So we will no more be able to predict significant change in Iran than we were able to predict Russia shedding its confining skin of Communism and dissolving the old Soviet Union. Surprises in connection with Iran’s late summer elections could change its foreign policy for the better, albeit probably not toward us. Harsh rhetoric toward Israel undoubtedly will not change, because it is the means by which Iran reduces the motivation for conflict with the more rational of its Sunni neighbors and gets them to help fund its own weapons development.

If push comes to shove, Iran may find some face-saving way to finesse the nuclear issue and end sanctions. As soon as that happens, Russia may no longer be Iran’s only major patron. (Maybe that’s a reason why Russia has never seemed particularly eager to see sanctions end.)

So the future of Russia’s influence in Iran and Syria is uncertain, to say the least. Equally uncertain are Iran’s and Syria’s value to Russia. Yet Russia doesn’t want to alienate Shiite Iran by supporting Sunni rebels in Syria. It certainly doesn’t want Syria to become an Al Qaeda haven, any more than we do. But, like us, it is acutely aware that, as the war and its atrocities drag on, a jihadi victory becomes increasingly likely.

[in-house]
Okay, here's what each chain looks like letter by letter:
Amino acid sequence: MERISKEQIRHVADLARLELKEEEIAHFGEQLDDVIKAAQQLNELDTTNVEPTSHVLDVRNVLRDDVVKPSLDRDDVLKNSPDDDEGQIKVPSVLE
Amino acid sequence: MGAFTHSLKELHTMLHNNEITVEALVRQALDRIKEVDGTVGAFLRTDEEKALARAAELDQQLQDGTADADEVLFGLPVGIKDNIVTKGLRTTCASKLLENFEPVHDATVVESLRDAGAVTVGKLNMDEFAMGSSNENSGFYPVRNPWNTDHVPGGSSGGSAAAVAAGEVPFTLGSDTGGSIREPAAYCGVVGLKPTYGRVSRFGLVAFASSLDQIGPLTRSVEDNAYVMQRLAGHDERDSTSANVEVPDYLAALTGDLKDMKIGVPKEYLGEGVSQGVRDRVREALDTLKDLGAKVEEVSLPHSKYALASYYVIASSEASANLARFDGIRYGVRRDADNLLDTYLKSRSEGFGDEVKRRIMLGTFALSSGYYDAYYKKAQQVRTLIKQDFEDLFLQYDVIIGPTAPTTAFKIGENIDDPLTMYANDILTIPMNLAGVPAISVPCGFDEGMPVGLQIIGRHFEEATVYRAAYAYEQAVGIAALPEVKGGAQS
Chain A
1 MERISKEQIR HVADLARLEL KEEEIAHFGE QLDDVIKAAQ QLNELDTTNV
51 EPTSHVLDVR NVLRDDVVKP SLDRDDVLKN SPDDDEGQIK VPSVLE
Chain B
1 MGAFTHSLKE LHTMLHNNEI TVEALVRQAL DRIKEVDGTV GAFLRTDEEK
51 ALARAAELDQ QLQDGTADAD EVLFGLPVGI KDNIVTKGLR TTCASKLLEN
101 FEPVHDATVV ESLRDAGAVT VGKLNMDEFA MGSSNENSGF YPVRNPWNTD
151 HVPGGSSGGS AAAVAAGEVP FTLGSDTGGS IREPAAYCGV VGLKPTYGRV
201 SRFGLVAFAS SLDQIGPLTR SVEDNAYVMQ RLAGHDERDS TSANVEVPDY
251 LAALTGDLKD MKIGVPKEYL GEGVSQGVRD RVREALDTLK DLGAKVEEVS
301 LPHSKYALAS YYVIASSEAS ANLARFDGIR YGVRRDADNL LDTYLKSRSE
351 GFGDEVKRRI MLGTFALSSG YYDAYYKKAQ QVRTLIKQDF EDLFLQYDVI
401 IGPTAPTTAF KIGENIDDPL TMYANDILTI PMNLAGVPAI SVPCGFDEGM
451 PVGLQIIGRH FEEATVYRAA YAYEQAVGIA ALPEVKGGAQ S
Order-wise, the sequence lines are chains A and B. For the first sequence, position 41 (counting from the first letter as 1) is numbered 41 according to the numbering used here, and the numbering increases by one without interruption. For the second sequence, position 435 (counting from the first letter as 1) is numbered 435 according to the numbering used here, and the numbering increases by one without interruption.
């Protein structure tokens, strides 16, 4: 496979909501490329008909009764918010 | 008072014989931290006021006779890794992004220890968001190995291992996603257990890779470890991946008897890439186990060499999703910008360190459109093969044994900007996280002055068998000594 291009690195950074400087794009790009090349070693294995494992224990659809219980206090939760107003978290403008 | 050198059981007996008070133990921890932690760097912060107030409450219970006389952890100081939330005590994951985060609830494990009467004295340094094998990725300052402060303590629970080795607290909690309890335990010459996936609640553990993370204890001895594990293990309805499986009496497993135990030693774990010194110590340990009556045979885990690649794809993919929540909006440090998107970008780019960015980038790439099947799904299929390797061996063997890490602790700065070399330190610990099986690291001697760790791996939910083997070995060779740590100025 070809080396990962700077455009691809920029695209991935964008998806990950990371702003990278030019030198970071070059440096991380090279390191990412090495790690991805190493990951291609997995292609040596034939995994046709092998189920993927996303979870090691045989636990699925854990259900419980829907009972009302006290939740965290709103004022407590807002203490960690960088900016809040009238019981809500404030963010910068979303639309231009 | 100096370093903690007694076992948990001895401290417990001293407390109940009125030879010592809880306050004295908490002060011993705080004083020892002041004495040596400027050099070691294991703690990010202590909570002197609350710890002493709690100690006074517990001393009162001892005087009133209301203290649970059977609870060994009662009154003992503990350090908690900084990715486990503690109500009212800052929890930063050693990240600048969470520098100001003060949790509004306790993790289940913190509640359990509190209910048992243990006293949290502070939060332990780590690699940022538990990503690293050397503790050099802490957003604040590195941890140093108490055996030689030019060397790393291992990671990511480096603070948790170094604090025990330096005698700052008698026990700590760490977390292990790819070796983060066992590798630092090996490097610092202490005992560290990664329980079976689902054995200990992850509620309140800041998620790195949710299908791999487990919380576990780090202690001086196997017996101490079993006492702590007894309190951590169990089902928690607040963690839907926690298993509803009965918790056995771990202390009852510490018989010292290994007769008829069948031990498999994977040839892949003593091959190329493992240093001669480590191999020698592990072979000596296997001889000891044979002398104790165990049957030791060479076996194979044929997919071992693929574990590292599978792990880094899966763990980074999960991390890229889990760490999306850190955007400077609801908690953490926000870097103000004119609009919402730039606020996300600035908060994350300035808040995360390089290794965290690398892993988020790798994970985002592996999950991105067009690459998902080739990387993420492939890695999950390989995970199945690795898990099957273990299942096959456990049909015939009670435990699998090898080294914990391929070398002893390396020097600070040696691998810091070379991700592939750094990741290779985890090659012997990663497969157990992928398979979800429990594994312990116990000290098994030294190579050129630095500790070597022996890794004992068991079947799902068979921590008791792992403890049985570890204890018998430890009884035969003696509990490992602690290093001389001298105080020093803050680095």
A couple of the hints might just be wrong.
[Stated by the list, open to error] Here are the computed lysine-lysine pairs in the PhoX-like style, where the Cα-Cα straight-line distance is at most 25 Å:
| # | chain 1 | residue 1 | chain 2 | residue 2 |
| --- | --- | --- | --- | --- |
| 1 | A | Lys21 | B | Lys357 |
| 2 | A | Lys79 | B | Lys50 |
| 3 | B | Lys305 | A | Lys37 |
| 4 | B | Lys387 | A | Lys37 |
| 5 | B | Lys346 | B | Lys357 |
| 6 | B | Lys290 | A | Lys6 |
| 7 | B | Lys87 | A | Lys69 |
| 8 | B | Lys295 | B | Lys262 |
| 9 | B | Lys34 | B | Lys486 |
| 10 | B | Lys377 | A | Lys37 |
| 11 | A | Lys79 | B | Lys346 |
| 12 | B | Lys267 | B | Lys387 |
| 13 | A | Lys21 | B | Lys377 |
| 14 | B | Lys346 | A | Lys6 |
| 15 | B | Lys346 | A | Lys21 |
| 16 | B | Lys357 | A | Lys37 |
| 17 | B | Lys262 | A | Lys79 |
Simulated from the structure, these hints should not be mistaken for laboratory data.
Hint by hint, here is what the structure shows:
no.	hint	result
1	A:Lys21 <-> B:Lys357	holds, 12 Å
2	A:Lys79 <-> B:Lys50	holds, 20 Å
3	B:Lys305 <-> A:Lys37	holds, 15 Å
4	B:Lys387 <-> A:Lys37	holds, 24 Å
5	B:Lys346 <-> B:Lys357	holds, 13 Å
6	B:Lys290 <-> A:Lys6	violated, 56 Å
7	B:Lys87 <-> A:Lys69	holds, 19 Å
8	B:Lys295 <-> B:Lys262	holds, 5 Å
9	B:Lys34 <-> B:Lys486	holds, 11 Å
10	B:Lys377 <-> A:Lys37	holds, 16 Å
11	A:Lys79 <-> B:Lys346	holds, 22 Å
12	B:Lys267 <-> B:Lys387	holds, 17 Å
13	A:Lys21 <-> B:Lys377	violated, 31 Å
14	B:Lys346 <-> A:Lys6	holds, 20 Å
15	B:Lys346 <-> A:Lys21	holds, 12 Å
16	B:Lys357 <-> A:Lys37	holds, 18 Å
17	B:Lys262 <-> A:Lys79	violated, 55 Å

What should we do?

So what should we do? As strange as it may seem, we should work closely with Russia. Except for the arms sales, we have almost the same interests. Neither Russia nor we want Syria to become a failed state or an Al Qaeda haven. We differ from Russia in that we want Assad out now. But we’re not going to convince Russia to help us accomplish that goal unless and until we have a viable and credible alternative that Russia believes will win the civil war at acceptable cost. So far, we don’t.